Essay: External Auditing

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External Auditing UK

Modern corporations are run by directors and managers, who are essentially investing the funds of investors. These managers owe a fiduciary duty to the investors, but as far back as Adam Smith it was recognized that managers could not be expected to treat the money of others with the same care that they would treat their own. Thus, it has been recognized for 275 years that some degree of corporate governance must be built into the management structure of modern corporations.

Corporate governance in the United Kingdom, at least with respect to firms traded on the London Stock Exchange, is based on the Combined Code. The code is based on the Code of 1998, with input from other codes and reports, dating as far back as the Cadbury Report of 1992, which marked the origins on modern corporate governance in the UK. This paper will explore the most significant developments in corporate governance in the United Kingdom, with a primary focus on the elements of the Combined Code. Brief mention will also be made of the Sarbanes-Oxley Act, an American legislation that applies to dozens of the largest British companies by virtue of their trading on the New York Stock Exchange. The objective of the paper is to analyze the process of corporate governance development in the UK over the past ten years. Lastly, the report will examine the impacts of the Combined Code on a couple of UK companies, with the intent of determining the precise impact that the code has had on British corporations.

Background

For most of capitalist history, there has been little in the way of formal corporate governance initiatives. A series of corporate scandals, however, culminated in the publishing of the Cadbury Report of 1992, upon which modern corporate governance legislation in the UK was based. In 1998, the Hampel Report was initiated as a review of the Cadbury Report's effectiveness in changing corporate governance in the UK (Hampel Report, 1998). The outcome of the Hampel Report was that the findings of the Cadbury Report and the Greenbury Report on director's compensation were combined.

The next significant event was the Higgs Report of 2003. The Higgs Report, titled the Review of the Role and Effectiveness on Non-Executive Directors was a review of said directors and of the audit committee, with the intent to bolster the Combined Code. This report came as a result of the scandals in the United States, including Enron, Tyco and WorldCom.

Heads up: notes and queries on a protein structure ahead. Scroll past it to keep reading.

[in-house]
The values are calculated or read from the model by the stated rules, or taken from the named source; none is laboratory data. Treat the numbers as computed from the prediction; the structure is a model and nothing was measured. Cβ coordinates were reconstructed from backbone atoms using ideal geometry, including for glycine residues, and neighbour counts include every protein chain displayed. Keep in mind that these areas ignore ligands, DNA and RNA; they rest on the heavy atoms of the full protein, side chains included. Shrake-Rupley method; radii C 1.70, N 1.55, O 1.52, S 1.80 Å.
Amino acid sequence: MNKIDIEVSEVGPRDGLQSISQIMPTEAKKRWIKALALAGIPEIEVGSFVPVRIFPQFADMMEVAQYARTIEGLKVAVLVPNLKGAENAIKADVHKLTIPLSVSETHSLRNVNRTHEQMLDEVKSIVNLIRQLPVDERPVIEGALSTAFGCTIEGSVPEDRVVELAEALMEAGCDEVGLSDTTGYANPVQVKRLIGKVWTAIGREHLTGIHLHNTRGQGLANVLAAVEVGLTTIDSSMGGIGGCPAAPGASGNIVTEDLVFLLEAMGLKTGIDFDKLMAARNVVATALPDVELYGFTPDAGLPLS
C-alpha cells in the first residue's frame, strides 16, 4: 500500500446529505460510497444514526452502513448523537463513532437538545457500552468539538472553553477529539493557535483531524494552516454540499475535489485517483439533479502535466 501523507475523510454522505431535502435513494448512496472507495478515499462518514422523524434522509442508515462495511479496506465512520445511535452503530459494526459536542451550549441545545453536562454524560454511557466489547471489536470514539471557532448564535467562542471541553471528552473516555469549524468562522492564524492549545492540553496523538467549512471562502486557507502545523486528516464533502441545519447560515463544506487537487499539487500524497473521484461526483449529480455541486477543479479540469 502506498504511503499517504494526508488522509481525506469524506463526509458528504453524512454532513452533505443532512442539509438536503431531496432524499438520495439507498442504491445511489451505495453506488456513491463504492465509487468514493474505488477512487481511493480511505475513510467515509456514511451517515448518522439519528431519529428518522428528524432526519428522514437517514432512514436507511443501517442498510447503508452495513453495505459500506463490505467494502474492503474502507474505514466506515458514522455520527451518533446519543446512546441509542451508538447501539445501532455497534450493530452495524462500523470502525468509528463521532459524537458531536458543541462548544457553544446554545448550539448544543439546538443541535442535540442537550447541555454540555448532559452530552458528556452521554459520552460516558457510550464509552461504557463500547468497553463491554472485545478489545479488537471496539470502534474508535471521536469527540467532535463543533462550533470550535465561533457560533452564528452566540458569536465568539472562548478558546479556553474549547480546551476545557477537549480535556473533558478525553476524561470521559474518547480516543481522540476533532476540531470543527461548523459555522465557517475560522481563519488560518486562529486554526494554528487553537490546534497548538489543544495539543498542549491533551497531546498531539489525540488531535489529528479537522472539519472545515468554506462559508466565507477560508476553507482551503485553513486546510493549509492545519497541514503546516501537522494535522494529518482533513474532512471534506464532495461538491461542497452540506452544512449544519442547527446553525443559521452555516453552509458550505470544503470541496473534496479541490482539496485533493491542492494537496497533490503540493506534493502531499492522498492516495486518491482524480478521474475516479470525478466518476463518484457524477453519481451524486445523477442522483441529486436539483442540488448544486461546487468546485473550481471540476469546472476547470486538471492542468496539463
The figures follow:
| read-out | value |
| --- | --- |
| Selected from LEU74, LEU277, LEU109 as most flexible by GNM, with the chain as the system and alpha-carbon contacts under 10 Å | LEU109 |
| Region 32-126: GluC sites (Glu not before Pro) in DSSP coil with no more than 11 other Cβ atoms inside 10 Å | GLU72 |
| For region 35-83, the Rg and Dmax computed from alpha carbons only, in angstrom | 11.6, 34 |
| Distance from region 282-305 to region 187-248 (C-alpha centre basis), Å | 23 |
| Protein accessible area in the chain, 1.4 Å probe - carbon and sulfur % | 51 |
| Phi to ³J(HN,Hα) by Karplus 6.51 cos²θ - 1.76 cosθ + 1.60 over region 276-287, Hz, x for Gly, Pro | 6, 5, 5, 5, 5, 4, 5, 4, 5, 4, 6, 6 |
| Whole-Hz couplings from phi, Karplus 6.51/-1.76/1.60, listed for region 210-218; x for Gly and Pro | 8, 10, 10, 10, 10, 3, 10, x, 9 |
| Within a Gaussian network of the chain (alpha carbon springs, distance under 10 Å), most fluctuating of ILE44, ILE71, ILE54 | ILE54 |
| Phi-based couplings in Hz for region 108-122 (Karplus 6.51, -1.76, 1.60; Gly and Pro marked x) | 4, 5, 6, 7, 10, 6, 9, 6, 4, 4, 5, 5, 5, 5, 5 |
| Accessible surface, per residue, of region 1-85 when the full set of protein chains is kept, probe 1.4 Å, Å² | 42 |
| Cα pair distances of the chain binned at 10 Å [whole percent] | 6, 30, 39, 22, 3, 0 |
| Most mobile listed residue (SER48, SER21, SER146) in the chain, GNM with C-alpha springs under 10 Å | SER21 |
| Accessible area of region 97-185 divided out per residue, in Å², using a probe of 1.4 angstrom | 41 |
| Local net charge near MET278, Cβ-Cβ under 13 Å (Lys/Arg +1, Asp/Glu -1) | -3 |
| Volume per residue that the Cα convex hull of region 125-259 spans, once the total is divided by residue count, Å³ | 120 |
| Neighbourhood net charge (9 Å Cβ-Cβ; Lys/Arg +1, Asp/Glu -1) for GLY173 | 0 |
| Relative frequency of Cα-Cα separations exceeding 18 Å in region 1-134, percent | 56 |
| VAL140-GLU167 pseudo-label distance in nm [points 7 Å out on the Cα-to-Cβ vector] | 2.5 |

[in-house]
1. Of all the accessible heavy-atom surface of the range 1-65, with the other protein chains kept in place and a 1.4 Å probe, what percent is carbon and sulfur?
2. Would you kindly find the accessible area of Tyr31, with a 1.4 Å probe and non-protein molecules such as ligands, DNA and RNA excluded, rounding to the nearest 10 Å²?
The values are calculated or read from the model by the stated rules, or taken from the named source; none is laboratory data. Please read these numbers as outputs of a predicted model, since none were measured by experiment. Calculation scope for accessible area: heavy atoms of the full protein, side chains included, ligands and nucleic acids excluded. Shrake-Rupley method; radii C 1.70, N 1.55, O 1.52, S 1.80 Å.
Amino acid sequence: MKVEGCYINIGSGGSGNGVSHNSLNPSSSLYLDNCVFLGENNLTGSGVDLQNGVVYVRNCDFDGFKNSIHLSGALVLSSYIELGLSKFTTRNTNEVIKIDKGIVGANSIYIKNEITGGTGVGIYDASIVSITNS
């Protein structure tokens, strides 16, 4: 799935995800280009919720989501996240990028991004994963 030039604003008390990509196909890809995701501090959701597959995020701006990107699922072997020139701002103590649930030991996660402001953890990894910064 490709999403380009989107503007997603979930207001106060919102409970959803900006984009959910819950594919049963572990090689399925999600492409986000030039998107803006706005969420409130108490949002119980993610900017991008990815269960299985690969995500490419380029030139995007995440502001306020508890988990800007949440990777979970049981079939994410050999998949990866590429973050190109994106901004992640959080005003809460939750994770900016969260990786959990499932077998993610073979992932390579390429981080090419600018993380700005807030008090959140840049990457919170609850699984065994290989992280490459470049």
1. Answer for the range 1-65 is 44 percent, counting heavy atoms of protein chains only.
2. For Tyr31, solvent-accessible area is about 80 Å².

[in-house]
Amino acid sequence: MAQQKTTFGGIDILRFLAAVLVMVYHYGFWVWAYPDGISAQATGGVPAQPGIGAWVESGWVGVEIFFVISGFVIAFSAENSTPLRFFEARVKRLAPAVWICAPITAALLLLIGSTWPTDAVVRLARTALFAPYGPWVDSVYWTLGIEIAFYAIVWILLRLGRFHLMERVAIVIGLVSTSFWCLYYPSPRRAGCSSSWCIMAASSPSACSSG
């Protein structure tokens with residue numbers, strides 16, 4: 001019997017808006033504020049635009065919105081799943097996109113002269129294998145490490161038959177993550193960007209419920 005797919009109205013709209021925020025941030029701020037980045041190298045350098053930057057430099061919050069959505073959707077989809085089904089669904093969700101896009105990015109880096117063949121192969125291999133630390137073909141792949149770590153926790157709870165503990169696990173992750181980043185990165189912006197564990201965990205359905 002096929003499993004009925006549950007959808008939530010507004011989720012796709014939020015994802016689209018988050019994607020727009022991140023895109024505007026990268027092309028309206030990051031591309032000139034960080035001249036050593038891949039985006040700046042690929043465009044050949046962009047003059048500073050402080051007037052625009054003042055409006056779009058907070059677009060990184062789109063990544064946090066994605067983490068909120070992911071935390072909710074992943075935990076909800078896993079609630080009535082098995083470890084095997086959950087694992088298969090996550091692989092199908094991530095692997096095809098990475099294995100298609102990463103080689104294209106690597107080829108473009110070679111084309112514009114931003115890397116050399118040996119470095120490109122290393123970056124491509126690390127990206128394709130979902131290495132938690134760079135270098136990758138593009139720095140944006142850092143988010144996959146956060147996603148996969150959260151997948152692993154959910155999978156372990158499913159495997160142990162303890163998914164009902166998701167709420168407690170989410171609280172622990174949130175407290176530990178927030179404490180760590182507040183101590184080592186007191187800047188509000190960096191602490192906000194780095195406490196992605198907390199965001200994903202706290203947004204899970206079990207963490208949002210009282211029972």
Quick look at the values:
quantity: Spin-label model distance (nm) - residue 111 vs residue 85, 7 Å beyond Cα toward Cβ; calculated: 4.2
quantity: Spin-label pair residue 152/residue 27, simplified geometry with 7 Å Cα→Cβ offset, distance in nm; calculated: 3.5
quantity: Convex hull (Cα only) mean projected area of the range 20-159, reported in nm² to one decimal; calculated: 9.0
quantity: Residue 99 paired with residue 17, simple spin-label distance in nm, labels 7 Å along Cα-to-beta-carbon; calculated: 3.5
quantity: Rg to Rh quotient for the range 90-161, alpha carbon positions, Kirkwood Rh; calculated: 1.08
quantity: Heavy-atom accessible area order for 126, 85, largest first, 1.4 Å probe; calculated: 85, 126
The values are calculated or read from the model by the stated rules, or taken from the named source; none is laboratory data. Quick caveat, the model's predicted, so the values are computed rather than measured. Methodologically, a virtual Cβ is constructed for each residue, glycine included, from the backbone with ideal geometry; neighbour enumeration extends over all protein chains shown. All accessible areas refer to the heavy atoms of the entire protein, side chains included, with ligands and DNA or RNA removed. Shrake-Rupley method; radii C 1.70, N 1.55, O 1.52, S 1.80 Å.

The United States responded to these crises with wholesale legislative change in the form of the Sarbanes-Oxley Act. This Act placed stringent corporate governance on all companies publicly traded in the U.S. Sarbanes-Oxley (SOX) did not directly impact the Combined Code, but it did impact British corporations. In effect, British companies trading in both London and New York were faced with double the corporate governance regulation, being subject to both SOX and the combined code. This dramatically increased the cost of governance, given that the Combined Code is principles-based, rather than SOX's rules-based code, and therefore much less costly to implement (Financial Reporting Council, 2006). The excessive cost of implementing the American governance code has lead many British companies to withdraw from U.S. markets (Madigan, 2007). Rules-based governance legislation, in particular SOX, was rejected by the Financial Report Council, which has long favoured a principles-based system.

Roughly concurrent with the Higgs Report was the Smith Report. This report addressed the independence of external auditors in light of the Arthur Andersen/Enron scandal in the U.S. The Smith Report was published as guidance for listed companies with respect to meeting audit requirements under the Combined Code (Smith Report, 2005).

External Auditing

The Combined Code provides guidance of all aspects of corporate governance. The role of auditors at the outset of the code was relatively minor. External auditors were expected to play their basic role under the earliest versions of the Combined Code. The Hampel Code had a provision that non-employee directors on the audit committee must understand the details of the business. The role of external auditors, however, was not explicitly addressed.